During the first week of freshman year in college I immediately bonded with a fellow supercharged, true believer in rock ‘n roll named Doug. The kid had a raw nerve quality that fed into my own need for letting it all hang out. With a wiry build, a head full of thick curls, and a jagged nose, Doug talked in quick spurts, in deep grunts. His days were spent on a teeter-totter of partying his ass off at night and then spending the following morning jogging off the ills of the previous night. In those days I maintained a more even-keeled dedication to destructive behavior, so I rarely saw Doug while the sun shined.
We’d get together a couple of nights a week to do bong hits and examine the grooves of our favorite records. We’d each pull out 3 or 4 records the other guy didn’t know or may not have fully appreciated and then spend a couple of hours pointing out all the transcendent moments, all the while gauging each other’s reaction and calculating “turn-on points” we might be collecting. (Looking back, no wonder we weren’t getting laid nearly as much as we would have liked.) One record we both loved that we agreed required exclusive examination was The Stooges’ Funhouse.
One night, following dinner, we planned to score a bag of weed and spend the night listening to nothing but Funhouse. Getting inside Funhouse. If possible, being Funhouse. We checked with all our usual sources, but they were all out. Doug had already acknowledged that he was one trip over the line, so mushrooms were not on the menu. I got in touch with a Deadhead friend named Rachel, and sure enough, she got me in touch with a friend of a friend who could help us with our plans.
All he had was a quarter ounce of shake, named so for being what shook free from the highly desired, tightly packed buds. Any bag you bought was sure to include some shake, but a whole bag of shake was a last resort, the bottom of the barrel. Short of outright dirtweed, this was the big bummer of pot purchases. Nevertheless, plans were plans, and the deal went down. The Stooges were never a Humboldt type of band anyhow. We would listen to the album repeatedly until we finished the quarter ounce bag.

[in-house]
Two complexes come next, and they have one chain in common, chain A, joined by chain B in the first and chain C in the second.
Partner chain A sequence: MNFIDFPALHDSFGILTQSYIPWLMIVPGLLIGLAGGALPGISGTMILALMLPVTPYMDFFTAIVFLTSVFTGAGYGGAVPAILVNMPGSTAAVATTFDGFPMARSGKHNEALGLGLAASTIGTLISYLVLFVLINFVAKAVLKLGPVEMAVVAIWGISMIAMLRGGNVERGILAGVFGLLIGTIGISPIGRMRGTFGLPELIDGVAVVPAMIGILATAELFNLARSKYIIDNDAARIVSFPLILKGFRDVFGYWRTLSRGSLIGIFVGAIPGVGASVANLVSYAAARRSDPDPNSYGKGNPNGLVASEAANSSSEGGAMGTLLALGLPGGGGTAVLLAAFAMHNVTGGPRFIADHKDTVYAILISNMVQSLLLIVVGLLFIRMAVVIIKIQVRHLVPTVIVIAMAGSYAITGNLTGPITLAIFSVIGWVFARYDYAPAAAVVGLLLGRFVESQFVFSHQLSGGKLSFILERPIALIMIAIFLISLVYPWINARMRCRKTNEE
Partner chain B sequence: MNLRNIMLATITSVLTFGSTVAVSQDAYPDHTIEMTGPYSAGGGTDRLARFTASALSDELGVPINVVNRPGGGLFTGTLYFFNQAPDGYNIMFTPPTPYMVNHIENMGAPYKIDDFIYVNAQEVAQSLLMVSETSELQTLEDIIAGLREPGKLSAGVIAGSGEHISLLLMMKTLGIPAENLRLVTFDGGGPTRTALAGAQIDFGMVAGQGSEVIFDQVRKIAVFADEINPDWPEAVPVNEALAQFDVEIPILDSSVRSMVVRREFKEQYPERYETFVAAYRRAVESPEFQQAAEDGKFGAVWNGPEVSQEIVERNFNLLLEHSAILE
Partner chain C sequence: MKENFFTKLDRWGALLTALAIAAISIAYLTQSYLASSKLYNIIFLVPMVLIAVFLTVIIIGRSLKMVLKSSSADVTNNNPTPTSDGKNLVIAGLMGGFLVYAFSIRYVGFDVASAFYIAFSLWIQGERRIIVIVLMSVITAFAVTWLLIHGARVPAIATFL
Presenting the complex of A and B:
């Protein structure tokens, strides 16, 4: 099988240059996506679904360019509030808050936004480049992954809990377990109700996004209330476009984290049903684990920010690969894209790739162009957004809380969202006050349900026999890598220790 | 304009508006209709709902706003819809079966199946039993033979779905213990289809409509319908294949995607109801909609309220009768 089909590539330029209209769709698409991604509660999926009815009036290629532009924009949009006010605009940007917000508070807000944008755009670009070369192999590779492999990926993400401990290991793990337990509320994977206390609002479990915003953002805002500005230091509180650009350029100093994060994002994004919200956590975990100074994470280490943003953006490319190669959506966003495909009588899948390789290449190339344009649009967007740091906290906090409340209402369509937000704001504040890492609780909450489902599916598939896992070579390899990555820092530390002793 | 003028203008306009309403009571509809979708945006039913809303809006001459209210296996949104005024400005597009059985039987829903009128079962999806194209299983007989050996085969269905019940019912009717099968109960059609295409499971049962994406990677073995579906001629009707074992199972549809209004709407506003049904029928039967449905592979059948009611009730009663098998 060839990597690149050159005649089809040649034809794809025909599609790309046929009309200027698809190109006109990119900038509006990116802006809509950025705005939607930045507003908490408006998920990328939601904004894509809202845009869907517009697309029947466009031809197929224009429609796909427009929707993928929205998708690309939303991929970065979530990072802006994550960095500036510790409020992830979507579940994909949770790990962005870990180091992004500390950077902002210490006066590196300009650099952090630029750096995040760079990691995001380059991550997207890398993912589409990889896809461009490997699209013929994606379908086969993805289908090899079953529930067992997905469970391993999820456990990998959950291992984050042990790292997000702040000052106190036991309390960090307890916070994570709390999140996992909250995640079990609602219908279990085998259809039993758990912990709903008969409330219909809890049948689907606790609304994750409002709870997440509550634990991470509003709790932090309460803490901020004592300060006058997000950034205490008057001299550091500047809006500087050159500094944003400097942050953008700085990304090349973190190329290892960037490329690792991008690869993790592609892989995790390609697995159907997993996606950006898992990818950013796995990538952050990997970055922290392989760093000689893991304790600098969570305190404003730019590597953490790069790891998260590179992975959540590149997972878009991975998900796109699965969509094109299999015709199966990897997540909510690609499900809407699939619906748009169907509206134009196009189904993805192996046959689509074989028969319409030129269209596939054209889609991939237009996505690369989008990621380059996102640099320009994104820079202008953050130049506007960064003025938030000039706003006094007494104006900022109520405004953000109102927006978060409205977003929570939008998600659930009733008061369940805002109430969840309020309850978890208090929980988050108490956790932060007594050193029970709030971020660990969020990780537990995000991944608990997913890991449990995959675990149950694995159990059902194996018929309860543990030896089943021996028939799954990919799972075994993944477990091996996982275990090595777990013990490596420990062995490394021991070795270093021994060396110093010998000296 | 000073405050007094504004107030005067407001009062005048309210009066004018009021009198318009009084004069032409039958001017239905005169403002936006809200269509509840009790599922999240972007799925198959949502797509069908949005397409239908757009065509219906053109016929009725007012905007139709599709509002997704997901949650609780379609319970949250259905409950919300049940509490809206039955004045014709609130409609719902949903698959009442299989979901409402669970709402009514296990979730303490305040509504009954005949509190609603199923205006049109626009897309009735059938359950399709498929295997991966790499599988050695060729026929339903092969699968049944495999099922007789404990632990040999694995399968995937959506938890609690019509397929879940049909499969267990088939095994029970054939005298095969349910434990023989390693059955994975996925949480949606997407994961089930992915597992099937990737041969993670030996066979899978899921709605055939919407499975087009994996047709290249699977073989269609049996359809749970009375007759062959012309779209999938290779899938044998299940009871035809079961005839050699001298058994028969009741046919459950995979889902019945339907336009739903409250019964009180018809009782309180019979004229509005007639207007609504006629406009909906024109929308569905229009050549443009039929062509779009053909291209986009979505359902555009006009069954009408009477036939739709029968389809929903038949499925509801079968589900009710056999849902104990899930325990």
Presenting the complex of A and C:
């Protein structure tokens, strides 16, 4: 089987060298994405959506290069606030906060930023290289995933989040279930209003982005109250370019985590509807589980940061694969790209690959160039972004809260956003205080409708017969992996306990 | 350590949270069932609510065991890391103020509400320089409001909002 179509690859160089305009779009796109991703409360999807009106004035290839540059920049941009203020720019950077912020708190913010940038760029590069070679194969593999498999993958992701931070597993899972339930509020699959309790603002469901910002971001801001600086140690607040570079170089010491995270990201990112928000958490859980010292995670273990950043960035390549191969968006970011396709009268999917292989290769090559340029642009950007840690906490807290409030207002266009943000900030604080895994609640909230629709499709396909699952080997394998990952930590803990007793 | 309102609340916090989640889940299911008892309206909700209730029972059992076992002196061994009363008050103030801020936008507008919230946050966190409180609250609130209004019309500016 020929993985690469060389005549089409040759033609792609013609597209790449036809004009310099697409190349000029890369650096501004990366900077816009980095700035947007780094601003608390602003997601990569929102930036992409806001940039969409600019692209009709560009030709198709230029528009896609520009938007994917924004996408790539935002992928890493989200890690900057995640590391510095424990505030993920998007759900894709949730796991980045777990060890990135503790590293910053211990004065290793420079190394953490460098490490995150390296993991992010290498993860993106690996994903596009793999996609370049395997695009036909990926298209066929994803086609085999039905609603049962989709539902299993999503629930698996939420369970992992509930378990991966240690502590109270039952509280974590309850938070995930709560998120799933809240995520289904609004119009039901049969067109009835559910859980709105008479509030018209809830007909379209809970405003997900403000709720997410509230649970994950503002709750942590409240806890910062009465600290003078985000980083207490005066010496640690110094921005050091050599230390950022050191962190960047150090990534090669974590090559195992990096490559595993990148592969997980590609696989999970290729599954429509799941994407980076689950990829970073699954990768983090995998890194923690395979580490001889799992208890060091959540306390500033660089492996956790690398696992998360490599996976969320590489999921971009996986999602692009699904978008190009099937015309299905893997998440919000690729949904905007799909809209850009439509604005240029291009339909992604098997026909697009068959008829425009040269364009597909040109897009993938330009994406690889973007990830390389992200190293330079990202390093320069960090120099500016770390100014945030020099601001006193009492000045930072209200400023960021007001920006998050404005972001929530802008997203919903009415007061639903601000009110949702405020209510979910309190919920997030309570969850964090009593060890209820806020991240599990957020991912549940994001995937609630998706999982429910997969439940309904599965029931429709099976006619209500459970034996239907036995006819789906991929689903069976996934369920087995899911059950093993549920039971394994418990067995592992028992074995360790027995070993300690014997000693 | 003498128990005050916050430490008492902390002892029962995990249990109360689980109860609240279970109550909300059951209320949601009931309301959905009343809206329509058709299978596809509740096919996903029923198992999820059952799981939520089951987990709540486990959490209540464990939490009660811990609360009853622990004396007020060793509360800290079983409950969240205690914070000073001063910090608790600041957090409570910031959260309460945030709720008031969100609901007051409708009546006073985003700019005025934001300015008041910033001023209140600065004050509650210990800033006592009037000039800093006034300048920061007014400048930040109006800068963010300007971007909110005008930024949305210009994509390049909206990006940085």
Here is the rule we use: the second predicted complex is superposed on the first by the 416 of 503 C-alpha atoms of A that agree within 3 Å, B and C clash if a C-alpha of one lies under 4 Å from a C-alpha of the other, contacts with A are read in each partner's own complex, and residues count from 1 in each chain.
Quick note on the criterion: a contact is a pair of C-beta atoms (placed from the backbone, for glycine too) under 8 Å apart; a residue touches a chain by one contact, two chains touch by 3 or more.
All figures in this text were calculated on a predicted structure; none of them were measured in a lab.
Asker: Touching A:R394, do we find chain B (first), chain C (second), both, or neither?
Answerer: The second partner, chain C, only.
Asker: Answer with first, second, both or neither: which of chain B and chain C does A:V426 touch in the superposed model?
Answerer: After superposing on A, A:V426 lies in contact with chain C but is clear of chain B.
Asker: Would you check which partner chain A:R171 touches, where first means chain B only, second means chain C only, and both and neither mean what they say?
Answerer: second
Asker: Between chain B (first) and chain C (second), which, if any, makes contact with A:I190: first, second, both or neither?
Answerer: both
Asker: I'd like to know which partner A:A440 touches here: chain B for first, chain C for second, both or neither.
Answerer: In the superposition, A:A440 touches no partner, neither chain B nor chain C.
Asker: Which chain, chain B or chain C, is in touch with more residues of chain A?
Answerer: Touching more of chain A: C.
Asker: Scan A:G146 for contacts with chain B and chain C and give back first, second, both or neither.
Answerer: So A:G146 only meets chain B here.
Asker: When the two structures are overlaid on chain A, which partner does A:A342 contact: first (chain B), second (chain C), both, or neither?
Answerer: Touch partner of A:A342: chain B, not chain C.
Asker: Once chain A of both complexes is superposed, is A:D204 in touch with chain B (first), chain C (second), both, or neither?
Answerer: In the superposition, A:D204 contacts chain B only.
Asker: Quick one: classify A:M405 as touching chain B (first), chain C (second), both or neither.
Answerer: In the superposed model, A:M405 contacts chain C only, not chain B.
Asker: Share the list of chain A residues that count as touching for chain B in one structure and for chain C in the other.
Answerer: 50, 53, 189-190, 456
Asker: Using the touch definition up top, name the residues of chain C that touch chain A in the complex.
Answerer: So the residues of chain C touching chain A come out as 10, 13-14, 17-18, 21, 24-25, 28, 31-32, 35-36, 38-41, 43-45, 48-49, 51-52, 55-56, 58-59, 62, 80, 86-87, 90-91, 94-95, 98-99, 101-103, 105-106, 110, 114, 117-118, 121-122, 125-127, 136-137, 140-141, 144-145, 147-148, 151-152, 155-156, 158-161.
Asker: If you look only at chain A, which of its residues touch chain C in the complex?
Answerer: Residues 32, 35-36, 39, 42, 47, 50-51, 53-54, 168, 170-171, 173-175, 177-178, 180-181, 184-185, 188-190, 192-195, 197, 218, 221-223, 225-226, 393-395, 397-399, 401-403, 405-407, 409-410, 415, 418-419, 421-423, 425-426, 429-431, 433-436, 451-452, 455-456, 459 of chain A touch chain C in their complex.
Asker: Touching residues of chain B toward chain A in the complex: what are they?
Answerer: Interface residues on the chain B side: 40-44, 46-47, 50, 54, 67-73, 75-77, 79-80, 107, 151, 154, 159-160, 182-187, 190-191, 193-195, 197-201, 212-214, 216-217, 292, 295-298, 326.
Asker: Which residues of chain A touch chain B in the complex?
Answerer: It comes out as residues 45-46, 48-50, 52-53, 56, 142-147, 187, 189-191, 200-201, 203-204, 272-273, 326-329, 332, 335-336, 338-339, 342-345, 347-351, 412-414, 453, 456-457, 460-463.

Let’s just say the night was one I’d be better off not remembering, but I’ll share. First we listened to the album for content alone, marveling at its energy, the variations on simple pentatonic riffs, and Iggy’s exhortations. How great is “Loose” when you’re 18, high, and en route to a late-adolescent breakdown? If you can’t get into “Loose”, you must have your head screwed on straight! The true genius of The Stooges really kicks in on “T.V. Eye”, where the band keeps recycling the main riff until a garage version of Coltrane’s “sheets of sound” or the most saturated moments of Fripp and Eno’s No Pussyfooting album kick in. It’s that moment when the wheel is spinning so fast that it looks like it’s going in reverse. It’s that moment of irony, as defined by Stephen Dedalus in The Portrait of the Artist as a Young Man. It’s what’s at the heart of any deep, extended blowout between friends, and we’ve only just begun.
By the second or third spin of the album, say a “nickle” into the bag, Doug wanted to get into the heads of each of The Stooges. He started acting out how he imagined each player might have been moving during the recording sessions, egging me on to help articulate what his gestures represented. As we air-played along to the songs, we got inside the mind of each guy, focusing on his commitment to the primitive and the stupid. We decided that Ron Asheton and Dave Alexander were the keys to the record. They lay into their 5-note riffs with all they’ve got, refusing or unable to embellish them. Even when they slow it down for the bloozy “Dirt” they resist trying to pull off a fancy triplet that a more accomplished musician could do on a number five times as fast. By keeping it simple and avoiding hotshot mugging, I could fully enjoy da blooz.
Side two is where the band’s beginner’s commitment to the pentatonic scale fully unleashes its glory. Steven Mackay’s sax enters midway through “1970”, and there’s no need for analysis and articulation of imagined gestures. It’s all there, getting higher and higher. You ain’t never coming down. “1970” is followed by the title track, and this time Mackay’s blowing along from the git-go! Oh, the humanity! By the fourth time through this album, Doug and I had little to say to each other. The blurp-blurp-blurp of the bong water, inhale, a “Here” through held breath as one passed the bong to the other. By the fifth time through, all the songs started to sound like “L.A. Blues”. The whole evening had saturated to the point of the final minutes of Steve Reich’s early tape piece “Come Out”.
The promise of the great tracks on The Stooges’ debut album had been realized. The rot and waste that would set in with James Williamson’s guitar wankery on Raw Power was nowhere near the horizon. The next morning a sweat-soaked, gym short-clad Doug knocked on my door to tell me about his “amazing” run. Yeah, right.